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January 29, 2016

Review: I See Reality (12 Short Stories)

I See Reality: Twelve Short Stories About Real LifeTitle: I See Reality
Author: Various Authors
Publisher: Farrar, Starus and Giroux
Publication date: January 26, 2016
Genre(s): Young Adult, Contemporary
Source: Netgalley
Pages: 304
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Twelve original stories by top MCPG authors explore real issues for real teens.

Through prose and comics alike, these heart-pounding short stories ask hard questions about a range of topics from sexuality and addiction to violence and immigration. Here is the perfect tool for starting tough discussions or simply as an introduction to realistic literary fiction. In turns funny, thought-provoking, and heartbreaking, I See Reality will resonate with today's teens long after the last page has been turned.

Contributing authors include Jay Clark, Kristin Clark, Heather Demetrios, Stephen Emond, Patrick Flores-Scott, Faith Hicks, Trisha Leaver, Kekla Magoon, Marcella Pixley, James Preller, Jason Schmidt, and Jordan Sonnenblick.


Short story anthologies are usually a strange experience, while you may absolutely love some stories, there are always bound to be some you just don't like. I'm going to be honest, this one was more difficult than usual to get through. It started off pretty strong but as it went on the feel of the stories were starting to mix together. Everything had this sort of depressing coat over it. This anthology has nothing light in it (maybe the little graphic in the middle) and you have to be ready to read about some serious topics when you pick it up.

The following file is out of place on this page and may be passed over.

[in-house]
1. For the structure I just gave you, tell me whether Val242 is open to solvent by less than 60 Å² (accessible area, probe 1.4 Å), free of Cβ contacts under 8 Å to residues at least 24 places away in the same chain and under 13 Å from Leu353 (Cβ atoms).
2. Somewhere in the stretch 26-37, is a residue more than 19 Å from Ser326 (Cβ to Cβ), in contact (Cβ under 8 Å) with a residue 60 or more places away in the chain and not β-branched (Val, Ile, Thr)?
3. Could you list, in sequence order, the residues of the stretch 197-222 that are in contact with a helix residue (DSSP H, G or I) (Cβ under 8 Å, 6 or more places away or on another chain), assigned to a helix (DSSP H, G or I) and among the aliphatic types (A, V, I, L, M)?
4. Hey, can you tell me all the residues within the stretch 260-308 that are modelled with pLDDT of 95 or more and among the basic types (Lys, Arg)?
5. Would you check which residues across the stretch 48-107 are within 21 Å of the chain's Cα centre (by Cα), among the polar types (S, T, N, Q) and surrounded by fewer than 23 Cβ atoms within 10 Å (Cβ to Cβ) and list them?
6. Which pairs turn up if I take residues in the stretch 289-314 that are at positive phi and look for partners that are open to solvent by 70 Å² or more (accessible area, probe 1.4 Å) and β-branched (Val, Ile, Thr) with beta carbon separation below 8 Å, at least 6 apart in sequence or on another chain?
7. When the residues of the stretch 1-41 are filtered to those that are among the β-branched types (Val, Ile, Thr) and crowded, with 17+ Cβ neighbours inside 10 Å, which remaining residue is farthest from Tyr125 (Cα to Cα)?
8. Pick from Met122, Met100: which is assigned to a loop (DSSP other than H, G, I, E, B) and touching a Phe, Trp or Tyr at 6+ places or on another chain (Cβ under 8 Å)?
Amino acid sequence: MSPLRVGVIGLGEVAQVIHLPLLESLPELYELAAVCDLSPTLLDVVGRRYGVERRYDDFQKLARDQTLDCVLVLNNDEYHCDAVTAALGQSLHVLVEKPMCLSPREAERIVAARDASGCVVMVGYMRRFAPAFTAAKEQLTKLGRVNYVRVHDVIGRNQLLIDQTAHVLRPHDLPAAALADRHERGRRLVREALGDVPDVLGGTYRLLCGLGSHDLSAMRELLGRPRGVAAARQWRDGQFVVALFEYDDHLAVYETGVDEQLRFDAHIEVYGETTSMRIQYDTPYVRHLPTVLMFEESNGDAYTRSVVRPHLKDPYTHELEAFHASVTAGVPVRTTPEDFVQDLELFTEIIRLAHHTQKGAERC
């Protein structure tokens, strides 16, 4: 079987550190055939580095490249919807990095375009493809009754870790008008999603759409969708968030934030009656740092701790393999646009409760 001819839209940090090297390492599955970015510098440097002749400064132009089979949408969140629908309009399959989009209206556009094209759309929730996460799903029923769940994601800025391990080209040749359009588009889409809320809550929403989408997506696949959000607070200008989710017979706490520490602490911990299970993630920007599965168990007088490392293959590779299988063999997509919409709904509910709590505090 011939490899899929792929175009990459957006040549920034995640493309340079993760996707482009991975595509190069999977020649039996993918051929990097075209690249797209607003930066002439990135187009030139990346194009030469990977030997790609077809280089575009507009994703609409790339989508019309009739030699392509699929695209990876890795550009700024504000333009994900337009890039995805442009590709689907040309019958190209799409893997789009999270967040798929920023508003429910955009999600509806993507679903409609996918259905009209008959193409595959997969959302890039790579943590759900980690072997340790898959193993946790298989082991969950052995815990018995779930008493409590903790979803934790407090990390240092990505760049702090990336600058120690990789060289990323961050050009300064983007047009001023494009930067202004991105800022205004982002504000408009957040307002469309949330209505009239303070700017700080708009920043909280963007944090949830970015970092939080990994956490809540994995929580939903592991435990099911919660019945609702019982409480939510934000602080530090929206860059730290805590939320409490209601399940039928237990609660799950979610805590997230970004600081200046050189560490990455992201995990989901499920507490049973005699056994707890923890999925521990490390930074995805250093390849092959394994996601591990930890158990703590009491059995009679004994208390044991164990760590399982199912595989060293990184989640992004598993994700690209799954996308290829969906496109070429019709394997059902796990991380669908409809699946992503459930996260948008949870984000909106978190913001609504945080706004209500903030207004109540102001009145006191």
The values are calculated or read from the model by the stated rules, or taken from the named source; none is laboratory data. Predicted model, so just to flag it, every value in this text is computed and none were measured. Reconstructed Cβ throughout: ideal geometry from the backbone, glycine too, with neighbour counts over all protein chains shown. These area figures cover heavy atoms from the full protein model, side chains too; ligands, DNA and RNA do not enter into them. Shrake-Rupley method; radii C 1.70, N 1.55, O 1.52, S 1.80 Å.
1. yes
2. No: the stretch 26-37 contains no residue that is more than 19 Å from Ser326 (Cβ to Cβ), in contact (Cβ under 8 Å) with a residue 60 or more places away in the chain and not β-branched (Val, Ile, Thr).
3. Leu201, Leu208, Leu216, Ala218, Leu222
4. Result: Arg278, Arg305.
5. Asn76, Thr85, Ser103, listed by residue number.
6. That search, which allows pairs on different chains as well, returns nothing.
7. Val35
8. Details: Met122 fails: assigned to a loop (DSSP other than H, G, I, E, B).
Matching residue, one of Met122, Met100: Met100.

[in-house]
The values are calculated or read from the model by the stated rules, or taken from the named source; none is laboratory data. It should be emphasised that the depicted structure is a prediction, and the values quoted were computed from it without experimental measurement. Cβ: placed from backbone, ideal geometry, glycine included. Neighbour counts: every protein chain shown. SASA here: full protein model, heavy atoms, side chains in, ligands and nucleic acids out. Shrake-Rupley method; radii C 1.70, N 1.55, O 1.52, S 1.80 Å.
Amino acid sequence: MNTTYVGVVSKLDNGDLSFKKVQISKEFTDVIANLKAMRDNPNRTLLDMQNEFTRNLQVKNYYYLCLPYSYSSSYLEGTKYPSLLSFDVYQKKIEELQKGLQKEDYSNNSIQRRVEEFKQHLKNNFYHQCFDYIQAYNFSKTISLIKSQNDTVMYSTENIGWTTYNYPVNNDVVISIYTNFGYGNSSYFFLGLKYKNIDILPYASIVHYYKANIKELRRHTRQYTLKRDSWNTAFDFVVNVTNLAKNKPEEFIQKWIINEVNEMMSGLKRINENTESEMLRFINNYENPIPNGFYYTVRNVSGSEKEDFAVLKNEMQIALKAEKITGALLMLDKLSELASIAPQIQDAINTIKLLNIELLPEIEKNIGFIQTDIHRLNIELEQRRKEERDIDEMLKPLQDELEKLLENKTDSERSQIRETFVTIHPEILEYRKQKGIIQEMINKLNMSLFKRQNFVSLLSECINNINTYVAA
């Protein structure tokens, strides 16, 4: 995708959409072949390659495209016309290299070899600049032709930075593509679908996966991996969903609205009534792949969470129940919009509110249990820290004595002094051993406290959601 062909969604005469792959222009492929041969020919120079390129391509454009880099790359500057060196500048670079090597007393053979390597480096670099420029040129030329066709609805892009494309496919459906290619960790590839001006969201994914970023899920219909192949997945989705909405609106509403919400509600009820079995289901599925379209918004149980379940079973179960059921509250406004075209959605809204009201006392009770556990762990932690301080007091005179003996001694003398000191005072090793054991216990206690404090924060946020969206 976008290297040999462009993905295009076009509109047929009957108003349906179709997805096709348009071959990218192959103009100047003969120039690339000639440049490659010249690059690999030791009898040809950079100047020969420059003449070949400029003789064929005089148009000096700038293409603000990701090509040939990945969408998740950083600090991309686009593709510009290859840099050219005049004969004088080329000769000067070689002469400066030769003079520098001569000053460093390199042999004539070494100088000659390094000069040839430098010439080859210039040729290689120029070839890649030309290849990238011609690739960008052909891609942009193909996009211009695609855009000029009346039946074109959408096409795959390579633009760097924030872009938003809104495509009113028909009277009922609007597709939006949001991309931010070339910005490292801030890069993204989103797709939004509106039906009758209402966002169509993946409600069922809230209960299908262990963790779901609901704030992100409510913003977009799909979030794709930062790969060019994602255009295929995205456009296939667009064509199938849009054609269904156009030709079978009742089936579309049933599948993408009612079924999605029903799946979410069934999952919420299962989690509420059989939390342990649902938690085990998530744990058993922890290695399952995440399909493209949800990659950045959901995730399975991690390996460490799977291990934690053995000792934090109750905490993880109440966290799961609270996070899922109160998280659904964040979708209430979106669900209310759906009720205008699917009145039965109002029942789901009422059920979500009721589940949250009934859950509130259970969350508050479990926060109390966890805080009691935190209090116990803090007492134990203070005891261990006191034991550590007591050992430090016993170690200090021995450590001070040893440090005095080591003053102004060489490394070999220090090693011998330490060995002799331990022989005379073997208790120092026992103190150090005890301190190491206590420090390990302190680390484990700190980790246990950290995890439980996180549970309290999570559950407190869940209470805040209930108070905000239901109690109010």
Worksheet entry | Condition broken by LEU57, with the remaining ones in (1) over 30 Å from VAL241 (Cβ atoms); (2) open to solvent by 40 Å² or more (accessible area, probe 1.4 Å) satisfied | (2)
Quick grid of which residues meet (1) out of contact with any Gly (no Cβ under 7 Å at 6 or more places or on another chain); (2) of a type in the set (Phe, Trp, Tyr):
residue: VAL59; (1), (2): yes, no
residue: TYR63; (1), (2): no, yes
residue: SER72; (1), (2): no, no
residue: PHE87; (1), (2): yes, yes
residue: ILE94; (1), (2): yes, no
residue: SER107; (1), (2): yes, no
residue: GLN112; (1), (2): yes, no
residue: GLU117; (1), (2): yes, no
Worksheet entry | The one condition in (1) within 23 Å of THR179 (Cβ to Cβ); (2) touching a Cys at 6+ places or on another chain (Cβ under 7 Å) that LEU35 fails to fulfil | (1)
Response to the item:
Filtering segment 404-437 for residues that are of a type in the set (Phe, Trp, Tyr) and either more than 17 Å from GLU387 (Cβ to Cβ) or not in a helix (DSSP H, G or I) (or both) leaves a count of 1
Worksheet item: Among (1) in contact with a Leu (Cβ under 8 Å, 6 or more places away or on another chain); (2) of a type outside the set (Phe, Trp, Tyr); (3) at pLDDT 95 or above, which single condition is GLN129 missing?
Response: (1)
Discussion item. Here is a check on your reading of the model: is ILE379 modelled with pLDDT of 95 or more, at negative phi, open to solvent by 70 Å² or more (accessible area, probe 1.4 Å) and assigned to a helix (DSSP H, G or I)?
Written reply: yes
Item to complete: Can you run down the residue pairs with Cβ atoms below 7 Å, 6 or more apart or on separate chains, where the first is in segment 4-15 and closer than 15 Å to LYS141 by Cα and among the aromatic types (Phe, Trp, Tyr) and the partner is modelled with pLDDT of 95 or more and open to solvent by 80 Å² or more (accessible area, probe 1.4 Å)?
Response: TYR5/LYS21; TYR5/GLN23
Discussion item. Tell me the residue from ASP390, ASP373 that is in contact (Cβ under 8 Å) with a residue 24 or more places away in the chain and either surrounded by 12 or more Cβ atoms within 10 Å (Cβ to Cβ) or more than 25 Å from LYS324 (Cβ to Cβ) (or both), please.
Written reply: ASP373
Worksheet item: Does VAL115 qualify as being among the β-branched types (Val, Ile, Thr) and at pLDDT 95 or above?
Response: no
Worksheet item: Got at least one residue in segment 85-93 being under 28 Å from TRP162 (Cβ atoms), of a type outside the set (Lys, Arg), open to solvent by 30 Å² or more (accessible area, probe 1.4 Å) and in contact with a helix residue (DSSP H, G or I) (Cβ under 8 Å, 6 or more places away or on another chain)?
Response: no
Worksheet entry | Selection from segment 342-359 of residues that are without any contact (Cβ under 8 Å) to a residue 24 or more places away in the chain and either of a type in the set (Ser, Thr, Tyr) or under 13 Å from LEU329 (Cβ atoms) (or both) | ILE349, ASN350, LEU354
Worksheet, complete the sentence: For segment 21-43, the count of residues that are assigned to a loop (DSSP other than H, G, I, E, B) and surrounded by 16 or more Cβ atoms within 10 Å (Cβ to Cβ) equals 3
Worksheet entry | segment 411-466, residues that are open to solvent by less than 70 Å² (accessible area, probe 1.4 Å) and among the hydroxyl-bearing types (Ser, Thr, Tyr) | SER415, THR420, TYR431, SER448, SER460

Three Imaginary Conversations With You by Heather Demetrios

I feel like this was a very powerful short story. It managed to be extremely impactful in such a short format. This tells the three imaginary conversations a girl, Jessa, has with her verbally and emotionally abusive boyfriend. You find yourself pushing for her to get out of this situation and Heather accomplishes this connection between the reader and Jessa in three short chapters. The story really feels complete by the end. You can tell what happened and how the abusive relationship started and that doesn't happen often in short stories. (4/5 stars) 

The Downside of Fabulous by Kristin Elizabeth Clark